[FFmpeg-user] How can I reduce the cpu usage of ffmpeg?

voip at gmx.ca voip at gmx.ca
Sat Jan 10 19:26:41 CET 2015

On Saturday, January 10, 2015 at 7:39 AM, "Moritz Barsnick" <barsnick at gmx.net> wrote:

> On Sat, Jan 10, 2015 at 10:41:07 +0100, voip at gmx.ca wrote:

> > /usr/bin/ionice -c 3 /usr/bin/nice -n 20 /usr/local/bin/ffmpeg -y -i "original_video" -c:v libx264 -b:v 16711680 -pix_fmt yuv420p -c:a copy -c:s copy "converted_video"
> > Note that I am running both ionice and nice to give ffmpeg the lowest
> > possible priority, yet it still maxes out my CPU.

> Software usually doesn't know how not to do that when doing actual
> stuff and not idling.

> "nice" changes priority (as the name implies), but if there's nothing
> else asking for the CPU (or the I/O), your ffmpeg process will still
> max it out.

> A tool often referenced to is "cpulimit", which is supposed to be able
> to do what you are looking for.

> Apart from that, Andy's mentioned cpufreq approach seems correct.

Of the two approaches, "cpulimit" seemed the easiest to implement although it confuses me.  According to the documentation, if I run this:

cpulimit -z -e ffmpeg -l 95

It should limit CPU usage to 95%, which one would not think is a significant drop from 100%, yet just reducing it that much makes a huge difference.  Running that, the CPU temperature stays at a much more reasonable 40 - 41 degrees Celsius.

Of course that comes at the expense of much longer running time, but my plan was to run ffmpeg from a shell script in the middle of the night anyway.  And therein lies the problem.  In order to work, cpulimit must be started AFTER ffmpeg, and when the shell script gets to ffmpeg it doesn't move on to the next command until ffmpeg is finished.  And I would not really want it to, because the shell script will also do a file move/replace that can only be done after ffmpeg is finished.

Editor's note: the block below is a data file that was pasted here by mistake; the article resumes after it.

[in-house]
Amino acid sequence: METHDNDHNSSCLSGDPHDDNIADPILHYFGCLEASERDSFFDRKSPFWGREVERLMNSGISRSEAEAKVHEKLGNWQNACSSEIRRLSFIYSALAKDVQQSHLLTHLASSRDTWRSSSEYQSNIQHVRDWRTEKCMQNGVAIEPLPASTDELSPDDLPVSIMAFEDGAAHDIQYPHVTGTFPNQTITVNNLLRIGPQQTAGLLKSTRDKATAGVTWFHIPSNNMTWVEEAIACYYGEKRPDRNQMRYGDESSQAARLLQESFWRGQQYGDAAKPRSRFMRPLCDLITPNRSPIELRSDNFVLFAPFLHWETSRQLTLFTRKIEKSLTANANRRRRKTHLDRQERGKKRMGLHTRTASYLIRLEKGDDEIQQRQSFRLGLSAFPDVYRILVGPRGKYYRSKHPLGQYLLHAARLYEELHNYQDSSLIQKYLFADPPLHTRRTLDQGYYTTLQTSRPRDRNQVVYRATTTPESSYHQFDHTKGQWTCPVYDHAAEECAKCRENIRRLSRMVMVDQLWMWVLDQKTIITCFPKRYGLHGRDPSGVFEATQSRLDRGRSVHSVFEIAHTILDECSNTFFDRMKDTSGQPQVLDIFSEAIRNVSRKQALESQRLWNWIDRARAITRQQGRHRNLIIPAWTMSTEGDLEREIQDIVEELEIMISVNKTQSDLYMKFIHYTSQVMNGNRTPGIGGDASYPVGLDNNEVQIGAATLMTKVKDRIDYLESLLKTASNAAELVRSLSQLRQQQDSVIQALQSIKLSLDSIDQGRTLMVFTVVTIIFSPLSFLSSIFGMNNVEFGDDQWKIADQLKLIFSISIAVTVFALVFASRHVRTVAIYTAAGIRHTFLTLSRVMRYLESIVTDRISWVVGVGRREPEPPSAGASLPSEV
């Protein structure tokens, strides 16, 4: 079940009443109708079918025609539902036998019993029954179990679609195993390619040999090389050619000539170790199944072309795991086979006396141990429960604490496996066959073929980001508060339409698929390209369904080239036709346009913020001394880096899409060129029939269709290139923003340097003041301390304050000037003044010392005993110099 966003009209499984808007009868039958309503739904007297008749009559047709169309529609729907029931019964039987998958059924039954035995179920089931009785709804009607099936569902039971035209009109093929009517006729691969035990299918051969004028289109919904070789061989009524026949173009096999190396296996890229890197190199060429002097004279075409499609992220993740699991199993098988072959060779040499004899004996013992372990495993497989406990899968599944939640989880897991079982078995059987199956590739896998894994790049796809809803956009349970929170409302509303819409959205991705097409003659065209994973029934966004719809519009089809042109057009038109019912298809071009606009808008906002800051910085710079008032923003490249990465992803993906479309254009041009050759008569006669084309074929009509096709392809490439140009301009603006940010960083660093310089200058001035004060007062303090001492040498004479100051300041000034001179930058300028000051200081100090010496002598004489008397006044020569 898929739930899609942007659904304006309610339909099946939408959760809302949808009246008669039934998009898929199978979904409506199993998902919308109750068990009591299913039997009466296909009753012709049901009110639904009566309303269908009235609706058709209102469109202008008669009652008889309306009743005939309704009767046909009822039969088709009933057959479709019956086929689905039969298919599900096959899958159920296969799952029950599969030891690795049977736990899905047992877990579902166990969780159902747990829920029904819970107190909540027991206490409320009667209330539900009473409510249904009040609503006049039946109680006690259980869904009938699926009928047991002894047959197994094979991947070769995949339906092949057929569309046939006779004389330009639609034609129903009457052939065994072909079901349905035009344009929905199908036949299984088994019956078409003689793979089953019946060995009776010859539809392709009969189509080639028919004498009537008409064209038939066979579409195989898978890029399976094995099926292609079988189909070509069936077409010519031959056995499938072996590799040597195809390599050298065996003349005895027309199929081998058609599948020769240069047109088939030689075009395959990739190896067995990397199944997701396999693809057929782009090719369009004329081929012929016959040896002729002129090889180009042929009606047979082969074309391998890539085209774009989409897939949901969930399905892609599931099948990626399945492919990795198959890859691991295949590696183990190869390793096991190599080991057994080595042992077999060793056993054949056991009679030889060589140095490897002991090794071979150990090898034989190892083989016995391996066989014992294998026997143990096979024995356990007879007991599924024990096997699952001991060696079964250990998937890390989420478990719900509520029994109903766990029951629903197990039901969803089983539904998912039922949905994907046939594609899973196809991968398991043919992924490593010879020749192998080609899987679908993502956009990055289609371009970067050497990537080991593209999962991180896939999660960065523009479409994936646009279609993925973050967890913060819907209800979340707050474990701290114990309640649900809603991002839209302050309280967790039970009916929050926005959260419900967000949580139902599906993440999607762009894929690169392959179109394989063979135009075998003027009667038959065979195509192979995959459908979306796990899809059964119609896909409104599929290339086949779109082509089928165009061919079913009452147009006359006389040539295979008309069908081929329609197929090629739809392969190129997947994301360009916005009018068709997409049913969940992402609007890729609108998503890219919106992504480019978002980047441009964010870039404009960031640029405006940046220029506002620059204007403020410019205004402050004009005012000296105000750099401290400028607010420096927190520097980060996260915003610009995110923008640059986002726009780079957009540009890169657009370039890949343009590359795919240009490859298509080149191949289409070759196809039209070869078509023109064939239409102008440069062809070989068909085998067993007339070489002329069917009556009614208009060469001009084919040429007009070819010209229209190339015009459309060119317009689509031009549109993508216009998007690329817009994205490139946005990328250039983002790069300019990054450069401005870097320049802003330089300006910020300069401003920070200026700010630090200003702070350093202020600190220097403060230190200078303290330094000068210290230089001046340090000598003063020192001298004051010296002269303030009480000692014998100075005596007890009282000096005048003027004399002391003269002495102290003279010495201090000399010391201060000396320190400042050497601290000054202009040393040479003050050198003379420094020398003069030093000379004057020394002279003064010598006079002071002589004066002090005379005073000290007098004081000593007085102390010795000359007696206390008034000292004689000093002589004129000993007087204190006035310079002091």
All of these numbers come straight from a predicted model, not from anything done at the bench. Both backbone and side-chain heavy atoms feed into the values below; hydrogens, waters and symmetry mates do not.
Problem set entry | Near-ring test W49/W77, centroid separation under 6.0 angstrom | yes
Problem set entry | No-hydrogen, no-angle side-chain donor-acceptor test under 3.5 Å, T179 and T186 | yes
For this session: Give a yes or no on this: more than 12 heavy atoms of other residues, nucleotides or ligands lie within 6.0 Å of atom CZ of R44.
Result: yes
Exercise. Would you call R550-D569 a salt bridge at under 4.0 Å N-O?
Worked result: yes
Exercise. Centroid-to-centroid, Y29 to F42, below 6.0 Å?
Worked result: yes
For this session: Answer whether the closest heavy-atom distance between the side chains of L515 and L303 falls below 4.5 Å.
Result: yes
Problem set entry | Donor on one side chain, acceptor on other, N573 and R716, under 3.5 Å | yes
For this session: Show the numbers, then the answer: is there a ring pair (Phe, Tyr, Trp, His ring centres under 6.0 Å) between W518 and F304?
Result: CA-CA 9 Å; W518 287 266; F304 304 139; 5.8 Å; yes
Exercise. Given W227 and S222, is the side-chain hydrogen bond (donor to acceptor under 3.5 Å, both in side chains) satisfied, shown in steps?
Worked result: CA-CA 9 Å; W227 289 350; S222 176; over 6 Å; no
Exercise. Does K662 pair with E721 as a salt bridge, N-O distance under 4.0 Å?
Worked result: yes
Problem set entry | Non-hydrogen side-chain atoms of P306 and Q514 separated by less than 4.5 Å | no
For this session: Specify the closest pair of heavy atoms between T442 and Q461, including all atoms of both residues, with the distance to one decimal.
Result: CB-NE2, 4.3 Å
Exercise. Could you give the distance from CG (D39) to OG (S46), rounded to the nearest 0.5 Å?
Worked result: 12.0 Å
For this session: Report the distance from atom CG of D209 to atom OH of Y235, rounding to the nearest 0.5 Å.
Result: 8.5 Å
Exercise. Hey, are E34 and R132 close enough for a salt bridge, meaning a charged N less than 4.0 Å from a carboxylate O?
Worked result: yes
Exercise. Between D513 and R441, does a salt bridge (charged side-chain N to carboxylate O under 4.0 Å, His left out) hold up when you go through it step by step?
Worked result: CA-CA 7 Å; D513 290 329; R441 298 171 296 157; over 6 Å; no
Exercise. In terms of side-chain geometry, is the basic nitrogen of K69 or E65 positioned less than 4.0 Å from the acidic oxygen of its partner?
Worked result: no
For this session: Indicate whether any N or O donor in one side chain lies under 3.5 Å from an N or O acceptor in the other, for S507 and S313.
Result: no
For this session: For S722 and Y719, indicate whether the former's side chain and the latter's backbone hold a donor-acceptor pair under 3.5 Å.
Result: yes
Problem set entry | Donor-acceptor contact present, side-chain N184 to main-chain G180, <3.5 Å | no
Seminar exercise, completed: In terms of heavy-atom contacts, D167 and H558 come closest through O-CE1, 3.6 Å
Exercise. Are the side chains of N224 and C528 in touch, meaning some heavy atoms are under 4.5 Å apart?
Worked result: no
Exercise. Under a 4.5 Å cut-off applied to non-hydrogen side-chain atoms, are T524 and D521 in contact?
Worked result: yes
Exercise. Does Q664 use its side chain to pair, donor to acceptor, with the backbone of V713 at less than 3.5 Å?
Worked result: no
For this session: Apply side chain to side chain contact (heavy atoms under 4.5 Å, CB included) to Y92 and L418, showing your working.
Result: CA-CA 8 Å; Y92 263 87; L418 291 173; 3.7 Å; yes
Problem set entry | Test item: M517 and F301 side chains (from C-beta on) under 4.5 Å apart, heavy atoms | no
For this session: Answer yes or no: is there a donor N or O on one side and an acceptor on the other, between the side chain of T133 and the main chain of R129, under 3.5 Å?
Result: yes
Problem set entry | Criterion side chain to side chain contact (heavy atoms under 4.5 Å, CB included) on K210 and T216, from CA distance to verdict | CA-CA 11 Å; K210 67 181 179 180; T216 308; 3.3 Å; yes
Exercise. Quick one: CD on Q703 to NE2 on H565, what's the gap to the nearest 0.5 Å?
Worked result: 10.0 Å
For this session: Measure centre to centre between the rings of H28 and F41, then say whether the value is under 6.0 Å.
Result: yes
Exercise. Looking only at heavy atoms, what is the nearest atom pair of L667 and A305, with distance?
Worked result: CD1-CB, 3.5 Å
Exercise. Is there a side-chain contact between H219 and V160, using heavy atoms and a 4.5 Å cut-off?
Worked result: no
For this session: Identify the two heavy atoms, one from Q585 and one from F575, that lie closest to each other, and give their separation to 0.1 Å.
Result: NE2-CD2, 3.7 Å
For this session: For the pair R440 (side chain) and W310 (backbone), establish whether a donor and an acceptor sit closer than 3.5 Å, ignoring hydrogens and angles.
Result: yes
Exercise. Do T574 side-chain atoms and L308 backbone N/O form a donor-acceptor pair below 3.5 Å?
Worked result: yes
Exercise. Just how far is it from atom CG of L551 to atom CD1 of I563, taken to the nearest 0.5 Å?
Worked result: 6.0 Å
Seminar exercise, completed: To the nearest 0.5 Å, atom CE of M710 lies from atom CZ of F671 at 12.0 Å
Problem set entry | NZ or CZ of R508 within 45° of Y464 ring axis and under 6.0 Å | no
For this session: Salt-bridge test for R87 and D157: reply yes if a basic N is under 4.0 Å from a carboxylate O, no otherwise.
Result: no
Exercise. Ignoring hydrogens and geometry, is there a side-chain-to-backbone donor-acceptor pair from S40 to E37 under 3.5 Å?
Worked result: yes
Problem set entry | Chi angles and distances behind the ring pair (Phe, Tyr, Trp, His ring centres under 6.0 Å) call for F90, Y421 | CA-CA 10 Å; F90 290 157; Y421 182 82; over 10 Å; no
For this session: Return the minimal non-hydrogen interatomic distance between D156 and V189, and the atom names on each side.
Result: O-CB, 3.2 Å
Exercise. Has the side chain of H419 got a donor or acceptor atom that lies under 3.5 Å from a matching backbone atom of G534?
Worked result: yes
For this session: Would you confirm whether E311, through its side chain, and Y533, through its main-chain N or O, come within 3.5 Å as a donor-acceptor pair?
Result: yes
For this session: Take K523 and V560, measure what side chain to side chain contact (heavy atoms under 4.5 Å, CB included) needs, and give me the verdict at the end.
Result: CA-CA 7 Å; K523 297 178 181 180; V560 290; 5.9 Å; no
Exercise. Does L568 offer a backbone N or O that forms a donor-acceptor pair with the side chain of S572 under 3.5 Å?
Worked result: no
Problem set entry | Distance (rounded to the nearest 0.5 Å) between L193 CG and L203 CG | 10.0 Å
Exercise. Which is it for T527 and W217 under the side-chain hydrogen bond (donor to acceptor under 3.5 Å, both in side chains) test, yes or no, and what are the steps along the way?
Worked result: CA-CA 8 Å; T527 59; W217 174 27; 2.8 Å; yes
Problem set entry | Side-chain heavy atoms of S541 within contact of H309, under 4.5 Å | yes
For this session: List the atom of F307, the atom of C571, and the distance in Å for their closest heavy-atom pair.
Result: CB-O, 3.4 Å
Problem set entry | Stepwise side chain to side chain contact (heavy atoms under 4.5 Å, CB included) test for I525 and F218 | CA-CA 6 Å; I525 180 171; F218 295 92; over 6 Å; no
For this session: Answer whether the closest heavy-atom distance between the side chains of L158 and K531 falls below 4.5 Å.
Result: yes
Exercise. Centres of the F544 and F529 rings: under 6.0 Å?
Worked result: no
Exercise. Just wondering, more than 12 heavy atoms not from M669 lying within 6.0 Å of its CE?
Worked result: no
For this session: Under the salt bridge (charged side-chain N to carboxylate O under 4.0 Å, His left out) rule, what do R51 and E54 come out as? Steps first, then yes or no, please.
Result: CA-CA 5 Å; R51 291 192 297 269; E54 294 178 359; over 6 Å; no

So basically I would need to start ffmpeg, then without moving along in the shell script, start cpulimit a second or two later (just long enough to make sure ffmpeg has started).  I can't really wrap my head around how to do that right now.

> > The problem with that is that my CPU temperature rather quickly rises
> > from a rather tepid 28 degrees Celsius to a blistering 58 degrees
> > Celsius rather quickly (yes, that is a full 30 Celsius degrees
> > higher!).

> I totally agree with Andy that that doesn't sound horrible, but depends
> on the CPU and system of course. But if the system could become
> endangered from running full load, it would be a badly designed system.

I'm not as worried about total failure as I am that because ffmpeg can take at the minimum a couple of hours to do one file, running at that temperature for that long a time could potentially shorten the lifespan of the CPU, and this is not a system where I would like to see any kind of hardware failure since we had such a horrendous time getting it to work in the first place.

Thanks to you guys for the info on cpulimit and cpufreq.

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